A birthday celebration: Learning from Michael J. Fox with Back to the Future

On June 9, one of Sarah’s recently-discovered “favorite movie stars” will turn 52 years old.

But in Sarah’s eyes, he’ll always be 17 – young Marty McFly from the Back to the Future trilogy, who we know and love as Michael J. Fox.

As part of an iHomeschool Network celebration of some noted June birthdays, I wanted to share today a little more about Michael, and specifically some of what we’ve learned and talked about through his first series of big hits, Back to the Future!

Unit study for homeschoolers about Michael J. Fox, advocate for Parkinson's Disease research and star of the Back to the Future series

All about Michael J. Fox

Many of the adults among us think of Michael J. Fox best as Alex P. Keaton on Family Ties. The funniest thing is, I was never a big Family Ties fan, so, like Sarah, I most often think of him as time-traveler Marty McFly!

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Michael J. Fox was actually born Michael Andrew Fox, which I think is neat because I can’t imagine ever calling him anything but “Michael J.” Even Michael Fox or Mike Fox sounds funny to me! (As if I’ll ever get a chance to address him in person, so who cares, right?) He did this because he needed a unique name to register with the Screen Actors Guild, and his own was taken, so he picked the J. reportedly as a tribute to actor Michael J. Pollard.

Anyway, he was born June 9, 1961, and holds dual Canadian-American citizenship.

Most of his acting work started in the early 1980s and continued until 2000, when he semi-retired after announcing that he has Parkinson’s disease, which he was diagnosed with in 1991; since then, he’s written three books and started a foundation to help fund and promote awareness of Parkinson’s research, and is about to make a comeback on TV with an NBC sitcom this fall.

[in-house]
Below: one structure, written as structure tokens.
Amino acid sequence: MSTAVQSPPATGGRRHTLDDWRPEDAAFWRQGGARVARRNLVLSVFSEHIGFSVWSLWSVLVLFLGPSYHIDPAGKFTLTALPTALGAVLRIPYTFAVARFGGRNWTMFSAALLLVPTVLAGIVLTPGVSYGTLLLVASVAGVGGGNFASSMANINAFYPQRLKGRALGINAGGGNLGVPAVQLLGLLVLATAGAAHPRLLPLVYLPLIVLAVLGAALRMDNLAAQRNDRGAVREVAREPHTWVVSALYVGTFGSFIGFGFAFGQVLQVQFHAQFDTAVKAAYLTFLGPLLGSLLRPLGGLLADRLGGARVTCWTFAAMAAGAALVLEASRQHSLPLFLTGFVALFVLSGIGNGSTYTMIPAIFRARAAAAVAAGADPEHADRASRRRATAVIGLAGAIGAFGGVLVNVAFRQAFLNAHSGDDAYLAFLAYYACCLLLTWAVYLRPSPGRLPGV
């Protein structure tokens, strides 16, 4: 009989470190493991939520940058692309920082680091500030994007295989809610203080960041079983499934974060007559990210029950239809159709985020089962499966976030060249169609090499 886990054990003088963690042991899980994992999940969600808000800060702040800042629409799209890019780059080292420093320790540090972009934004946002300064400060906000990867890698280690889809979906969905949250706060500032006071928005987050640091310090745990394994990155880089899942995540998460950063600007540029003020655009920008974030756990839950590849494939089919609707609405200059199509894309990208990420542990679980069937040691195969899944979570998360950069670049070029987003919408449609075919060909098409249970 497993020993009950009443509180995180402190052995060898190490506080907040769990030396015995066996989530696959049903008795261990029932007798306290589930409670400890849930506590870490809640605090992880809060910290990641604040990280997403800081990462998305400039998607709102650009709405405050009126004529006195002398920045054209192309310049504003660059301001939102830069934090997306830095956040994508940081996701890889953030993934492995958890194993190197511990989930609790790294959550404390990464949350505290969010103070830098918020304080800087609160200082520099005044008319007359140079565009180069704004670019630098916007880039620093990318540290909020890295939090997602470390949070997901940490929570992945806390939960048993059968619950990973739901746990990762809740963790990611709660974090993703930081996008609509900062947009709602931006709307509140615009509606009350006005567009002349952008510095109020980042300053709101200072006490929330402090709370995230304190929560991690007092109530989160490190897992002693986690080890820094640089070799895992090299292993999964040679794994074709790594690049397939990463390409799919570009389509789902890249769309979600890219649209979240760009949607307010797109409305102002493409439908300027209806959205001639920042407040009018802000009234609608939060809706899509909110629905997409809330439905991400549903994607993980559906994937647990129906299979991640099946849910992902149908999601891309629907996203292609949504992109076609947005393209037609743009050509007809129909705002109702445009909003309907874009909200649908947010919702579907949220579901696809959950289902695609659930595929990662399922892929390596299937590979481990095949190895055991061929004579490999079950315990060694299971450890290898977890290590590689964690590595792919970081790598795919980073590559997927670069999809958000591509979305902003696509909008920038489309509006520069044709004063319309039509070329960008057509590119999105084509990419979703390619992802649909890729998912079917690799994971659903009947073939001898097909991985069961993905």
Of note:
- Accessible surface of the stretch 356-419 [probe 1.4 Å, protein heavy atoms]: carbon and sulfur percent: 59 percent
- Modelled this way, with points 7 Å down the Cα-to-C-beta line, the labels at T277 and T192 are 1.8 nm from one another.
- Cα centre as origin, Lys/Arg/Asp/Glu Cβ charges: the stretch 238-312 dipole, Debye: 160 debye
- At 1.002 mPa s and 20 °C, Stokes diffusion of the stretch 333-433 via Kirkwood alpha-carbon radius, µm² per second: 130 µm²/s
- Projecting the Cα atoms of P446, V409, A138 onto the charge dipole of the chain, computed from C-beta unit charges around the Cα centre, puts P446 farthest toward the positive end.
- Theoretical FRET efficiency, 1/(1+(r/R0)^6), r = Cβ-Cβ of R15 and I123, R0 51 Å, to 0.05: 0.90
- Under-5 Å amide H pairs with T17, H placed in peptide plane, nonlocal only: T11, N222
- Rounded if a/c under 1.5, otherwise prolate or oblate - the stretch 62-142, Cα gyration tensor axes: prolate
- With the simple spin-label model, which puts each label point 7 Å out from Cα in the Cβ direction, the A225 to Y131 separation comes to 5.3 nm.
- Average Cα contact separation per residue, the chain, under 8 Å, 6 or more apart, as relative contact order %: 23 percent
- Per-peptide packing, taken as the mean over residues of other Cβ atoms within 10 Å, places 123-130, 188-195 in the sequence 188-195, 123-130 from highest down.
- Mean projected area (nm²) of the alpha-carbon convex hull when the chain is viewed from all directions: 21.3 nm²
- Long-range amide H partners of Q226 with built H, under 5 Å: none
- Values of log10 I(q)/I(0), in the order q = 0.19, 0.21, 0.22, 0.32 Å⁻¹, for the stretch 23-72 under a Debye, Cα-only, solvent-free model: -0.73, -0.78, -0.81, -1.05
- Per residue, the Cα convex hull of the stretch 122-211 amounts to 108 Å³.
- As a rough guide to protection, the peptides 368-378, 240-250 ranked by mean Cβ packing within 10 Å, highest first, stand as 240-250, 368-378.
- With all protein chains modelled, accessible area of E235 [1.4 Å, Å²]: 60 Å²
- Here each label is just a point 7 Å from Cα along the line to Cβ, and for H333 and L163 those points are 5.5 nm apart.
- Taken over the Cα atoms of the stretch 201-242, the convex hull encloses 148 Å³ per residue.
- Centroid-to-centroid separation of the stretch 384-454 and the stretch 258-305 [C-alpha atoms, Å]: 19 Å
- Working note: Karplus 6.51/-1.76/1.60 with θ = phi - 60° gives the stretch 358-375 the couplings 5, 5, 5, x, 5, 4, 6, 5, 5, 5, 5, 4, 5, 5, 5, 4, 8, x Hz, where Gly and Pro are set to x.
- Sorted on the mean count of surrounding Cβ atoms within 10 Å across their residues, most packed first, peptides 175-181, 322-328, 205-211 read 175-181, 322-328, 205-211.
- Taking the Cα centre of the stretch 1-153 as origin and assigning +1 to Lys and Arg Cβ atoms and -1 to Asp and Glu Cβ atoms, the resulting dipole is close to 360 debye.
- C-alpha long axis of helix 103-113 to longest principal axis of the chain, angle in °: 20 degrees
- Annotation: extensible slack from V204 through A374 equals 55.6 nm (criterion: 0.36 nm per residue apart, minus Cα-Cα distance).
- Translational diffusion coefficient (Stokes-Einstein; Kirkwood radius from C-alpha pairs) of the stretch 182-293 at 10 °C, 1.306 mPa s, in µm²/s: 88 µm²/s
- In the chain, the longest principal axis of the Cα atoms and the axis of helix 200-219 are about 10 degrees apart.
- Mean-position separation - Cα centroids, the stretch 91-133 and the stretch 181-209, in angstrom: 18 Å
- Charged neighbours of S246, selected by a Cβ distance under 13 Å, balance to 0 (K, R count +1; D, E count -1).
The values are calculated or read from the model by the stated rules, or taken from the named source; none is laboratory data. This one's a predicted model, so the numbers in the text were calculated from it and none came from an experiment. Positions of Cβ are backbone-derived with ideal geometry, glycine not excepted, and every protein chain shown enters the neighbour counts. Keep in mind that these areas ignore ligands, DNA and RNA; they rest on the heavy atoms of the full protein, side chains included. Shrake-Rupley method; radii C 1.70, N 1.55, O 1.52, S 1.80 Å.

All about Back to the Future

What if you could travel through time? What if you could see your own past – and accidentally almost erase your own future? Then,what if you went farther into the future and saw something you didn’t want to see?

That’s Back to the Future, the time-travel series of three movies that I loved when I was younger and rediscovered this year while watching them with Sarah.

Roads? Where we’re going, we don’t need roads!

You’re my density!

Heavy! There’s that word again! Why is everything in the future so heavy? Is there a problem with the earth’s gravitational field?

Yes, these are things we say on a regular basis in our family.

If you’re wondering more about the movies (and the books, and the TV series, and all the other things that I didn’t even know existed until now), you could lose hours in the Futurepedia – the wiki project for Back to the Future that is almost frighteningly thorough.

I had to laugh at one thing I found while reading about the Back to the Future series. Describing his work in the films in a 2012 Parade magazine article, Michael J. Fox said “I truly thought I was terrible.” He was sure the films would never be shown, he thought he did so bad!

I guess we all do a better job than we give ourselves credit for, huh?

The Parkinson’s connection

As someone who lives with chronic illness, I’ve spent most of my adult life appreciating Michael J. Fox’s honesty and openness about his own struggles.

This interview with Ellen DeGeneres is particularly great:

One thing that Michael’s caught some hard times for is that he doesn’t always “look” like someone with severe Parkinson’s during his television appearances.

In a 2002 interview on NPR’s Fresh Air, he said:

Well, actually, I’ve been erring on the side of caution — I think ‘erring’ is actually the right word — in that I’ve been medicating perhaps too much, in the sense [that] … the symptoms … people see in some of these interviews that [I] have been on are actually dyskinesia, which is a reaction to the medication. Because if I were purely symptomatic with Parkinson’s symptoms, a lot of times speaking is difficult. There’s a kind of a cluttering of speech and it’s very difficult to sit still, to sit in one place. You know, the symptoms are different, so I’d rather kind of suffer the symptoms of dyskinesia… this kind of weaving and this kind of continuous thing is much preferable, actually, than pure Parkinson’s symptoms. So that’s what I generally do… I haven’t had any, you know, problems with pure Parkinson’s symptoms in any of these interviews, because I’ll tend to just make sure that I have enough Sinemet in my system and, in some cases, too much. But to me, it’s preferable. It’s not representative of what I’m like in my everyday life. I get a lot of people with Parkinson’s coming up to me saying, “You take too much medication.” I say, Well, you sit across from Larry King and see if you want to tempt it.